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Four Tips for Juggling Responsibilities As a Divorced Parent During the COVID-19 Pandemic

Across the United States, people are feeling anxious and stressed about the repercussions of the pandemic and the uncertainty of the future. This is a difficult moment, especially for parents who wonder how this will impact their children, both from an emotional and educational standpoint. Among parents, it can be especially hard on those who are divorced and feel like they are tackling it all alone. How will you balance a new school year of homeschooling or virtual learning with your own professional responsibilities? How will you carve out the time and emotional energy to make sure your child feels safe and supported in our quickly changing world? While we’re all navigating this storm without much of a roadmap, we wanted to offer our tips from the family law perspective.

  1. Follow your parenting plan as closely as possible.

While there may be some extenuating circumstances (for example, if one co-parent is a healthcare worker and risks exposure to the virus), you should do your best to follow your parenting plan as closely as possible during the pandemic. This helps you maintain a sense of normalcy for your child and ensures that both co-parents are contributing, not to mention the fact that it’s court ordered!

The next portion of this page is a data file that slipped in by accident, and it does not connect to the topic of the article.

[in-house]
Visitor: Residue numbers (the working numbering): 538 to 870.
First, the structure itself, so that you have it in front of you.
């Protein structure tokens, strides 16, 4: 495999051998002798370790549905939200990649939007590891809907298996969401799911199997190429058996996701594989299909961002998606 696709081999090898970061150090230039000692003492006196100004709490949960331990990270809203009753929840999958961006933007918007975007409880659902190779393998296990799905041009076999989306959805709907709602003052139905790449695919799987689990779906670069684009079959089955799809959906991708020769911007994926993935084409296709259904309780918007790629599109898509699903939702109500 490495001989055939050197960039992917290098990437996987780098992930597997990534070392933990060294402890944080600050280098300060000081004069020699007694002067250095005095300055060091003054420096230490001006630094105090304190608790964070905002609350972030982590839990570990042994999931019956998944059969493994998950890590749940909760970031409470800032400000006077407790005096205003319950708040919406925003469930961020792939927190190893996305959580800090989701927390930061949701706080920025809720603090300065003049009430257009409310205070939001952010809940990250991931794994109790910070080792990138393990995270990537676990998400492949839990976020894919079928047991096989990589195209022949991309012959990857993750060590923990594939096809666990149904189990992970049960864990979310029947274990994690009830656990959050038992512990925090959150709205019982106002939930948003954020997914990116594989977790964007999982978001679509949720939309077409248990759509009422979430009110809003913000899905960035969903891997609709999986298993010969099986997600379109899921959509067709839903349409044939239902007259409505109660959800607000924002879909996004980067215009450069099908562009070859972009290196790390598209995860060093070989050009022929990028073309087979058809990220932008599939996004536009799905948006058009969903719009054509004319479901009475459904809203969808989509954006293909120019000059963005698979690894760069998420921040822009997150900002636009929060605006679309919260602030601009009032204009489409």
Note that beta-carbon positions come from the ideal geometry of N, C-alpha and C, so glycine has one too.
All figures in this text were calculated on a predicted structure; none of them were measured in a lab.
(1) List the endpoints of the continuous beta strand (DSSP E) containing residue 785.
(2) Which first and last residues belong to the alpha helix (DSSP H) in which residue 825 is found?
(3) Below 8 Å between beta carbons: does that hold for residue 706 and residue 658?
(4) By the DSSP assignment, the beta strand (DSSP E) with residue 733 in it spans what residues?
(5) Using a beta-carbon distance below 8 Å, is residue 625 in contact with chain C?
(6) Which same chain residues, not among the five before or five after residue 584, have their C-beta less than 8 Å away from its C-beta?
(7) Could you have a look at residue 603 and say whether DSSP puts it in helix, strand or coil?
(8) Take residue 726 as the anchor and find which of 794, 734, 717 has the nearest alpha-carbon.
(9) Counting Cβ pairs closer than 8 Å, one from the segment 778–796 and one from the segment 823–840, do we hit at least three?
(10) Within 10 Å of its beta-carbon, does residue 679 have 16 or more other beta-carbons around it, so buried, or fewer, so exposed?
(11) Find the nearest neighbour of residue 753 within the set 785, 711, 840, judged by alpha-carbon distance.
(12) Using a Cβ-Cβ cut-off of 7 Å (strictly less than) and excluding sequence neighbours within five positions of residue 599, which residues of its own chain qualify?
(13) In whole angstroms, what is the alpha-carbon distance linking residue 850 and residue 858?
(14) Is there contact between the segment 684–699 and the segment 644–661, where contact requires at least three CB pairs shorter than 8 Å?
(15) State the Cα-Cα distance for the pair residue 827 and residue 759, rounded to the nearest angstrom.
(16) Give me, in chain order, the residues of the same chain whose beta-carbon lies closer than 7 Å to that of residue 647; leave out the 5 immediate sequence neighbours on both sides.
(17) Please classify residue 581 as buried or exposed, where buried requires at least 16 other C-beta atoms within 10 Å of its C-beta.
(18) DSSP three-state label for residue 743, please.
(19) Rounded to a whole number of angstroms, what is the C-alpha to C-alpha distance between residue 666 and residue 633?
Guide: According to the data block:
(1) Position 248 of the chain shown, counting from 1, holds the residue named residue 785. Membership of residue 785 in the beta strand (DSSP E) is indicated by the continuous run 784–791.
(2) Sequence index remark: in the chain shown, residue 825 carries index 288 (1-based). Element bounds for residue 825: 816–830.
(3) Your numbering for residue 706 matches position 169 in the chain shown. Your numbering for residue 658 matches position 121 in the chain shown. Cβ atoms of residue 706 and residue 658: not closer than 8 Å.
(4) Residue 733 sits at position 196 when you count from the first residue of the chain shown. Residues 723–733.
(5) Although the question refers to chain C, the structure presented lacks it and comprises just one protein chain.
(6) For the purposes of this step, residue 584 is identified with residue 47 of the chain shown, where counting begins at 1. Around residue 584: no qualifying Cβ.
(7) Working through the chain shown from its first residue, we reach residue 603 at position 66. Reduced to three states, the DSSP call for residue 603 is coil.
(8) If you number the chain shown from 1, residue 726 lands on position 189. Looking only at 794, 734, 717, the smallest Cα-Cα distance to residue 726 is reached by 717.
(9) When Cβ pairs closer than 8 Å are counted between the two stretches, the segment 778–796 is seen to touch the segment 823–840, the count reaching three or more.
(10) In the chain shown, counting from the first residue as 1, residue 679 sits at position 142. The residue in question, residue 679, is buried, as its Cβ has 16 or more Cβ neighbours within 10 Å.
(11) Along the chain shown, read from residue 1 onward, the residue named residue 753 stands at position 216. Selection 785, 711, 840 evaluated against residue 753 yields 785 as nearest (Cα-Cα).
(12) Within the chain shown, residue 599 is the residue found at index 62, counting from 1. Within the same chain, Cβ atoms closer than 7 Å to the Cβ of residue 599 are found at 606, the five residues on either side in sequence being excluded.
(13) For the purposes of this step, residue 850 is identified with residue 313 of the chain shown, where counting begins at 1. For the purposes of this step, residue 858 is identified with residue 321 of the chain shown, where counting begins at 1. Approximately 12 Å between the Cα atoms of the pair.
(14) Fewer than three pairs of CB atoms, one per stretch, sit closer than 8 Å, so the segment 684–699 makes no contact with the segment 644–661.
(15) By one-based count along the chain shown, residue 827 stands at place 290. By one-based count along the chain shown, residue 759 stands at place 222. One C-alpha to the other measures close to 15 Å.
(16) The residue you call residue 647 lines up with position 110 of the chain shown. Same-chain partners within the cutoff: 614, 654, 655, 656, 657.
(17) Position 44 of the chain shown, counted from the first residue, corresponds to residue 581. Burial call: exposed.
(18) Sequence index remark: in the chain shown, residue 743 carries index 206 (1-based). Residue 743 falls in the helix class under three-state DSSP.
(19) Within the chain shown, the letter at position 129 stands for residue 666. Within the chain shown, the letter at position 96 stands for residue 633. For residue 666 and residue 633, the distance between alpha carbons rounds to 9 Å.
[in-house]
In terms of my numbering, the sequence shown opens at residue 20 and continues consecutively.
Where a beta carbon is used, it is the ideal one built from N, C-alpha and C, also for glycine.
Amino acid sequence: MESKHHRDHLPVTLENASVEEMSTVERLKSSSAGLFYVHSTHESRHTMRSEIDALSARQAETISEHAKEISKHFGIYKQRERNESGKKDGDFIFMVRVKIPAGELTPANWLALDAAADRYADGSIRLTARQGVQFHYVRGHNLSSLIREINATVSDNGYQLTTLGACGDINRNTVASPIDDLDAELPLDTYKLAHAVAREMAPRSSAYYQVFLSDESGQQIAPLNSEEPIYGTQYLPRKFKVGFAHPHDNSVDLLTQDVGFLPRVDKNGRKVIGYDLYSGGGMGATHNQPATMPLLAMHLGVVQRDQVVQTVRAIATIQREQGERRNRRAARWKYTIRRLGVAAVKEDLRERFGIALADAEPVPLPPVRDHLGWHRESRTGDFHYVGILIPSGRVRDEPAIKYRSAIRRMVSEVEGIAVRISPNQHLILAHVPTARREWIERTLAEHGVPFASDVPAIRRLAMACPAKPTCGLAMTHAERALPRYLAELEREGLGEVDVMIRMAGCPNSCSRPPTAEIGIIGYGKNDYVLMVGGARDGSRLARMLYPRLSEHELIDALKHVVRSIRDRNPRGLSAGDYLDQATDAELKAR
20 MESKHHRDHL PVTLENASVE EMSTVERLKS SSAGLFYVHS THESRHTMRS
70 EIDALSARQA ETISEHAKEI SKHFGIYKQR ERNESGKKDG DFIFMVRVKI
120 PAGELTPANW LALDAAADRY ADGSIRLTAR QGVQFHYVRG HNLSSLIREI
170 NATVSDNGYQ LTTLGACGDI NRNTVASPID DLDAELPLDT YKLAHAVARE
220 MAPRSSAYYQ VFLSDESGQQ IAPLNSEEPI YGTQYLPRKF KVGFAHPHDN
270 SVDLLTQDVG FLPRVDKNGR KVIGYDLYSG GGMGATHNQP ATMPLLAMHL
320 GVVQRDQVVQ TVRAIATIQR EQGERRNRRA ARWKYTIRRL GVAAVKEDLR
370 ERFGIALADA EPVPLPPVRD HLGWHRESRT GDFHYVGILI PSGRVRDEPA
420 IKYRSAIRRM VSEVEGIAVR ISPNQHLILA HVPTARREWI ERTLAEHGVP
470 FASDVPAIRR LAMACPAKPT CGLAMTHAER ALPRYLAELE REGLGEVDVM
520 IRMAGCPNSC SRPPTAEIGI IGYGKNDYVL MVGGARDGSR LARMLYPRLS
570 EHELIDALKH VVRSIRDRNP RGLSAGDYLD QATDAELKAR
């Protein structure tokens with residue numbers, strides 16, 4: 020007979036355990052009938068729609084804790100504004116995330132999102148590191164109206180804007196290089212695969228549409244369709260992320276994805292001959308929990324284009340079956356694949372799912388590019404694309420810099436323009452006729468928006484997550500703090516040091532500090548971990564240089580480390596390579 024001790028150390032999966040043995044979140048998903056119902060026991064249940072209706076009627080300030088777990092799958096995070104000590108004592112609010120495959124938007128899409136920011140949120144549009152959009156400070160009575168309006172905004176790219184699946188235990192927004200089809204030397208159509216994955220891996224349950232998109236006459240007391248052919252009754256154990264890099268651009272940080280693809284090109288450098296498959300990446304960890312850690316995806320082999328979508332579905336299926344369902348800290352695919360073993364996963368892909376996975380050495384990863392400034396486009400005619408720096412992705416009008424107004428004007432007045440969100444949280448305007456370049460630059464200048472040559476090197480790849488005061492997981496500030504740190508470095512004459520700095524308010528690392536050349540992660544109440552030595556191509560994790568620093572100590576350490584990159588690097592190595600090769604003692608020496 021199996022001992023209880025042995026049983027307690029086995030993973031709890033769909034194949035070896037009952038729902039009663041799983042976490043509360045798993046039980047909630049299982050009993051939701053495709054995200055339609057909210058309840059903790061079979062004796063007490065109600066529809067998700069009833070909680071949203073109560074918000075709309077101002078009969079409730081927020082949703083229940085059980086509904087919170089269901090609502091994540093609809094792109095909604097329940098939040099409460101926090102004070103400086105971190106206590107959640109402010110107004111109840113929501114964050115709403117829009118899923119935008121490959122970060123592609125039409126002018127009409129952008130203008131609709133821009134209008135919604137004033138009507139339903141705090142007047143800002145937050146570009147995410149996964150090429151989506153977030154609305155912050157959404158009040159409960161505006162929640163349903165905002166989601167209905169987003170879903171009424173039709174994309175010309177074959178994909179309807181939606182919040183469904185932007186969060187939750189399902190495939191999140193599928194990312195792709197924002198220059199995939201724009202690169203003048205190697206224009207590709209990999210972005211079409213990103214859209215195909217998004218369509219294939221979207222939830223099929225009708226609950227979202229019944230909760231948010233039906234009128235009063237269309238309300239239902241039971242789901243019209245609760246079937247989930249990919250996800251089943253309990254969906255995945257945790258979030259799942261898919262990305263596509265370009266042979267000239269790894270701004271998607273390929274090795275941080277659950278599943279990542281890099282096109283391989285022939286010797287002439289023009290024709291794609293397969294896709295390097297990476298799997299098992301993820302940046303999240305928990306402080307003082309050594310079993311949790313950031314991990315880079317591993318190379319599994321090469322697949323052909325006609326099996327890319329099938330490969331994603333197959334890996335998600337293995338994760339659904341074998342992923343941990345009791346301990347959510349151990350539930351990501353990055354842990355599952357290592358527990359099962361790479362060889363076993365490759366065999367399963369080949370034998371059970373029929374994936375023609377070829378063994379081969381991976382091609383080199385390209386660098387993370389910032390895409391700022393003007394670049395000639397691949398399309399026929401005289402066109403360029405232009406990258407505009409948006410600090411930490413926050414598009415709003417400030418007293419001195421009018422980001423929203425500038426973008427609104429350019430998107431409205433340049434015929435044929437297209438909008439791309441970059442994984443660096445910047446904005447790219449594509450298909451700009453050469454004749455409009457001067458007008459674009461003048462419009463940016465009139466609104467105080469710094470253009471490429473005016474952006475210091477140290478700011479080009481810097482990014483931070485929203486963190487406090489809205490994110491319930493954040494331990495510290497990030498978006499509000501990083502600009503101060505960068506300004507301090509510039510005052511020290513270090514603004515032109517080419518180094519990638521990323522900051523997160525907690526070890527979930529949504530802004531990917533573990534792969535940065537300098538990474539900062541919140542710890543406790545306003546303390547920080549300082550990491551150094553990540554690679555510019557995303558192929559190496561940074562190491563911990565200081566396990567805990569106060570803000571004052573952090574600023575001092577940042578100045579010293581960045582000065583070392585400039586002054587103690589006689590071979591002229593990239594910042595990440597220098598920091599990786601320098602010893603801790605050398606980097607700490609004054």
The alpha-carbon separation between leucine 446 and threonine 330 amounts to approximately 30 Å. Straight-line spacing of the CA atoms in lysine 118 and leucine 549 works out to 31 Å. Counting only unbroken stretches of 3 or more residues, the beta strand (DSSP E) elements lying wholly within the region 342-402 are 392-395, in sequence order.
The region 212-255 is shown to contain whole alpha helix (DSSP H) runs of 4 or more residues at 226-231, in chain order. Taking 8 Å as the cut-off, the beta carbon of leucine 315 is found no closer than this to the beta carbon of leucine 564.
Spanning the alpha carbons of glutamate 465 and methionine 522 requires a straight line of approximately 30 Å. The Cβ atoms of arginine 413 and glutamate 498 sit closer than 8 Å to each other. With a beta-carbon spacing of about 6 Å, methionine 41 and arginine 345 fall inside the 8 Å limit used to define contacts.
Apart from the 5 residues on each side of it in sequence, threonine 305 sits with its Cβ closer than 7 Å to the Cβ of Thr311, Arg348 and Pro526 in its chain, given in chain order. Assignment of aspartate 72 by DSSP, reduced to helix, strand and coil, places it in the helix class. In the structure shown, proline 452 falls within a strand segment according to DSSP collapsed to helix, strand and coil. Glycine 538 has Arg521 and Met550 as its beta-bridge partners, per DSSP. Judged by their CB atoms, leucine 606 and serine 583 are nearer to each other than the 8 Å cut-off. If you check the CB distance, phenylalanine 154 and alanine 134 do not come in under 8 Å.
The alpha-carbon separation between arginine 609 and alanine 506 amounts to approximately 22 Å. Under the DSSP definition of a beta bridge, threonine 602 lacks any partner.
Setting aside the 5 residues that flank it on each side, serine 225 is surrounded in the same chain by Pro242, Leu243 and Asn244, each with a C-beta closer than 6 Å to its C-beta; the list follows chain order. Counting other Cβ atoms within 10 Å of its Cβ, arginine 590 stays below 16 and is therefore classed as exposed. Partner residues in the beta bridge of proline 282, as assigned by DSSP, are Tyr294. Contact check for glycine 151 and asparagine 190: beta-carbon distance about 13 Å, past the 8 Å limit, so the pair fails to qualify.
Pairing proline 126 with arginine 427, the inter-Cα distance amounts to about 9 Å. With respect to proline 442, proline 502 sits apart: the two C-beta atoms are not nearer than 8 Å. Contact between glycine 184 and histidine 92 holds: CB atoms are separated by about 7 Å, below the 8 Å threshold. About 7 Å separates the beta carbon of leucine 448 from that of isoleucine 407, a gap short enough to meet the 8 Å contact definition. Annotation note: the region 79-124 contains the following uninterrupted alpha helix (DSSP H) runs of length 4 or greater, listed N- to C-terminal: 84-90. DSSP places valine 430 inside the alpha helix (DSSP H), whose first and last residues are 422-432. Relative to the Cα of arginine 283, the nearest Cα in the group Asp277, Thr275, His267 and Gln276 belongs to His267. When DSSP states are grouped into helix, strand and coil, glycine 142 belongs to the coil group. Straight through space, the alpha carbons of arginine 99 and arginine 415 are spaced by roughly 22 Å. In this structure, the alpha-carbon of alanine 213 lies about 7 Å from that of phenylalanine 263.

1. Communicate with your co-parent.

Communication with your co-parent is more important now than ever before. In any instance where the pandemic makes following your parenting plan impossible, you will need to discuss how to move forward. Depending on your relationship with your co-parent, this may be difficult and stressful, but remember there’s one thing you share despite the fact that you’re no longer married: the desire to do what’s best for your child. Show them the flexibility and willingness to meet in the middle that you want them to show you.

  1. Take time for yourself.

Between caring for your children (whether it’s homeschooling, overseeing virtual learning, or making sure they are safe in an in-person school environment) and working (whether you’re working from home or adjusting to the new practice of social distancing at the office) it may feel like there’s not much time left over for you. Carve out a few moments a day to take care of yourself no matter what. Not doing so can lead to burnout. Caring for yourself is a way of caring for your children because they need you to be the best version of yourself you can!

  1. Call us if you have questions about child support, parenting plans, or other family law issues.

Navigating family law issues in this time can be confusing, with court orders and unclear requirements. We are here to help. If you have questions about what you need to be doing or a dispute you don’t know how to solve, reach out to The Law Offices of Kayleene H. Writer, PLC today.